Coverdale was married in 1974 to Julia Borkowski from Poland, and their daughter Jessica was born in 1978. Coverdale's second marriage was to former model and actress Tawny Kitaen, from 17 February 1989 until they divorced two years later, in April 1991. Kitaen was known for her provocative appearances in Whitesnake's music videos for "Here I Go Again", "Is This Love", and "Still of the Night". Since 1997, he has lived with his third wife, Cindy, an author (The Food That Rocks); they have one son named Jasper.[21][22]

On 1 March 2007, Coverdale became a US citizen, in a ceremony in Reno, Nevada, and now holds dual US/UK citizenship. He has lived in Incline Village, Nevada for more than 20 years.[23][24]



Guest performances[edit]

Film and TV appearances[edit]

  • 1977 The Butterfly Ball
  • 1990 Days of Thunder
  • 2011 Metal Evolution
  • 2012 A Passion for the Vine
  • 2013 Behind The Music Remastered, ep. Deep Purple
  • 2016 Here I Go Again: David Coverdale


  1. ^ a b Prato, Greg. "David Coverdale: Biography". MSN Music. Archived from the original on 18 August 2010. Retrieved 5 November 2009.
  2. ^ "NWA, Deep Purple and Chicago enter Hall of Fame". BBC. 17 December 2015.
  3. ^ "Van der Lee, Matthijs. Burn review at". Sputnikmusic.com. 15 October 2009. Retrieved 7 November 2010.
  4. ^ "David Coverdale: Still rocking after all these years". Yorkshirepost.co.uk. Retrieved 19 September 2015.
  5. ^ "RIAA Gold & Platinum database". Archived from the original on 24 September 2015. Retrieved 17 July 2009.
  6. ^ "Deep Purple: History and Hits" DVD.
  7. ^ "Jon Lord interview at www.thehighwaystar.com". Thehighwaystar.com. 12 February 1968. Retrieved 17 October 2012.
  8. ^ "David Coverdale bio at". Deep-purple.net. Retrieved 17 October 2012.
  9. ^ "Whitesnake The Official Charts Company".
  10. ^ "David Coverdale bio". Vh1.com. Archived from the original on 30 May 2009. Retrieved 10 June 2021.
  11. ^ S. T. Erlewine and G. Prato, "Whitesnake", Allmusic, retrieved 27 September 2010.
  12. ^ "david coverdale interview". YouTube. 19 January 2006. Retrieved 2 January 2012.[dead YouTube link]
  13. ^ "RIAA Gold & Platinum database". Retrieved 15 December 2011.
  14. ^ "David Coverdale Hopes to End Fight With Robert Plant". Michael Gallucci. 15 June 2013. Retrieved 4 December 2015.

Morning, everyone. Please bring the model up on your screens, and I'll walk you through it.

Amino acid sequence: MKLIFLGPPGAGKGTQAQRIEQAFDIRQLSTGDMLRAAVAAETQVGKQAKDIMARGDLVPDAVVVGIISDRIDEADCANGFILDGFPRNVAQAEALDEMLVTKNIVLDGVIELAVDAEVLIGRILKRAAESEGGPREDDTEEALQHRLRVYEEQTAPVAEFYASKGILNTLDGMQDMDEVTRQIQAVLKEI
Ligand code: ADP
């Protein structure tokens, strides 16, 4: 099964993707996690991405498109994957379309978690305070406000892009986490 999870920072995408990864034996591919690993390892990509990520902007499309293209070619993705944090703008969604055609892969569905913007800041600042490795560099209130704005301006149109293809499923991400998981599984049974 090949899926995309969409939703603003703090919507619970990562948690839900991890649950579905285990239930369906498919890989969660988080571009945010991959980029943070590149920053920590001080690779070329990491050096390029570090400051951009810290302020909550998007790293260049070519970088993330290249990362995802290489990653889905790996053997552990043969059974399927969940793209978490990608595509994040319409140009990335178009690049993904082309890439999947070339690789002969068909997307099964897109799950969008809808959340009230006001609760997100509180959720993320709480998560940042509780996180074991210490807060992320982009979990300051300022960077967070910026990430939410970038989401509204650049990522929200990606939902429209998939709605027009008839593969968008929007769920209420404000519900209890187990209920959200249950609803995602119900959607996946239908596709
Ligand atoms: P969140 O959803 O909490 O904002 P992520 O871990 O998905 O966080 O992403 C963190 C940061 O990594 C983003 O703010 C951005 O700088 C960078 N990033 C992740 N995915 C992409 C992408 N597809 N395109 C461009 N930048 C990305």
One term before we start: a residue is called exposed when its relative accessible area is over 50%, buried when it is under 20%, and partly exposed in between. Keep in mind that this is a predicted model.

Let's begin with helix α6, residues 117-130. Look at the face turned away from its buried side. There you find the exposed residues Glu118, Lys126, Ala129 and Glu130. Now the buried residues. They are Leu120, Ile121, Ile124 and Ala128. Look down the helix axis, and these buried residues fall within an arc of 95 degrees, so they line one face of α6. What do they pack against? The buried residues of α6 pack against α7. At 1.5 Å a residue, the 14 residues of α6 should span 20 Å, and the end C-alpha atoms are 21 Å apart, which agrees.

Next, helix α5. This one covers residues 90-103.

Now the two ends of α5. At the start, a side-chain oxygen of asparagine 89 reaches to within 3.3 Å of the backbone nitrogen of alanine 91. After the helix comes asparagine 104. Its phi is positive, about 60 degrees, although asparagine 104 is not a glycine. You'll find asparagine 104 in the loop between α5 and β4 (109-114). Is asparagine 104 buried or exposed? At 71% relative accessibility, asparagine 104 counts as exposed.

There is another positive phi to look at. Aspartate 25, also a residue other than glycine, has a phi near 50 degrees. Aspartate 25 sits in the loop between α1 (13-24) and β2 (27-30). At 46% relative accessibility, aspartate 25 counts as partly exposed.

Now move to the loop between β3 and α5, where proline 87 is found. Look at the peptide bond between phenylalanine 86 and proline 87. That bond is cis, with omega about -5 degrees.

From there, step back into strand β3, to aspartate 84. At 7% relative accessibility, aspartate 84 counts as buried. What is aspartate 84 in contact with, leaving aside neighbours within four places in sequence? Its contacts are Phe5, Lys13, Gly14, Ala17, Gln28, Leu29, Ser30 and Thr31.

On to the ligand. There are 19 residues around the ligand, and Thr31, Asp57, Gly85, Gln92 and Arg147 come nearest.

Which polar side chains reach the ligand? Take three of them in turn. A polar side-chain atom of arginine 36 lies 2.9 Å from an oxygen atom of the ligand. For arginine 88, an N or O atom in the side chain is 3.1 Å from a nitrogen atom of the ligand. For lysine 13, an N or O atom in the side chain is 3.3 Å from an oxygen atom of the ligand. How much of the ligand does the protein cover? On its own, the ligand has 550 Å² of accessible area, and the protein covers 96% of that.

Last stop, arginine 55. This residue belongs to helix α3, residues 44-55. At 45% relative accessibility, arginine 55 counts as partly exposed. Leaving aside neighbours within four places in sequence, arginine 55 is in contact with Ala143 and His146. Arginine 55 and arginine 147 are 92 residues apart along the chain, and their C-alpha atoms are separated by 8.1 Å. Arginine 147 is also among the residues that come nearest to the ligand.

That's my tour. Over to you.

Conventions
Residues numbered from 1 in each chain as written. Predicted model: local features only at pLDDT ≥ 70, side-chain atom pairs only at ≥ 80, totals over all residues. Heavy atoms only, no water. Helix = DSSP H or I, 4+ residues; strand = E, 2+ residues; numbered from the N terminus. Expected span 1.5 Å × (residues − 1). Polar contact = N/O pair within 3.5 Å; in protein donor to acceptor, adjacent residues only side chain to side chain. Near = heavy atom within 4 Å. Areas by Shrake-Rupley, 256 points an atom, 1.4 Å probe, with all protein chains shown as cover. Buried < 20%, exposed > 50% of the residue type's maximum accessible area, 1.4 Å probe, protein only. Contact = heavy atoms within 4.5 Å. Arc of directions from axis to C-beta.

15. ^ "David Coverdale bio at VH1.com, paragraph 7". Vh1.com. Archived from the original on 30 May 2009. Retrieved 10 June 2021.
  16. ^ "Whitesnake Too Many Tears Vh1 Unplugged 1997 By Ari". YouTube. 21 November 1997. Retrieved 2 January 2012.[dead YouTube link]
  17. ^ "Whitesnake – Too Many Tears & The Deeper The Love (Acoustic VH1 1997)". YouTube. Archived from the original on 13 November 2021. Retrieved 2 January 2012.
  18. ^ Syrjala, Marko (14 November 2006). "WHITESNAKE Guitarist Doug Aldrich". Metal Rules. Archived from the original on 5 June 2014. Retrieved 21 February 2012. In December 2002 Coverdale reunited Whitesnake for Whitesnake's 25-year anniversary.
  19. ^ Emerson, Lisa (13 August 2009). "Whitesnake singer David Coverdale injures vocal cords". WTSP. Archived from the original on 9 February 2013.
  20. ^ Wardlaw, Matt (17 April 2015). "Whitesnake's David Coverdale: 'This Could Be a Farewell to the Big Rock Stuff'". Ultimate Classic Rock. Retrieved 19 September 2015.
  21. ^ "Here he goes again". Ellesmere Port Pioneer. Cheshire Online. 29 June 2006. Archived from the original on 19 March 2012. Retrieved 14 March 2011.
  22. ^ "Whitesnake's Coverdale Is Supportive of Wife's New Career". Blabbermouth.net. 8 March 2004. Archived from the original on 26 August 2004. Retrieved 14 March 2011.
  23. ^ [1][dead link]
  24. ^ "Rock star's extravagant Lake Tahoe home hits the market for $9.85 million". SF Gate. 11 April 2019. Retrieved 12 April 2019.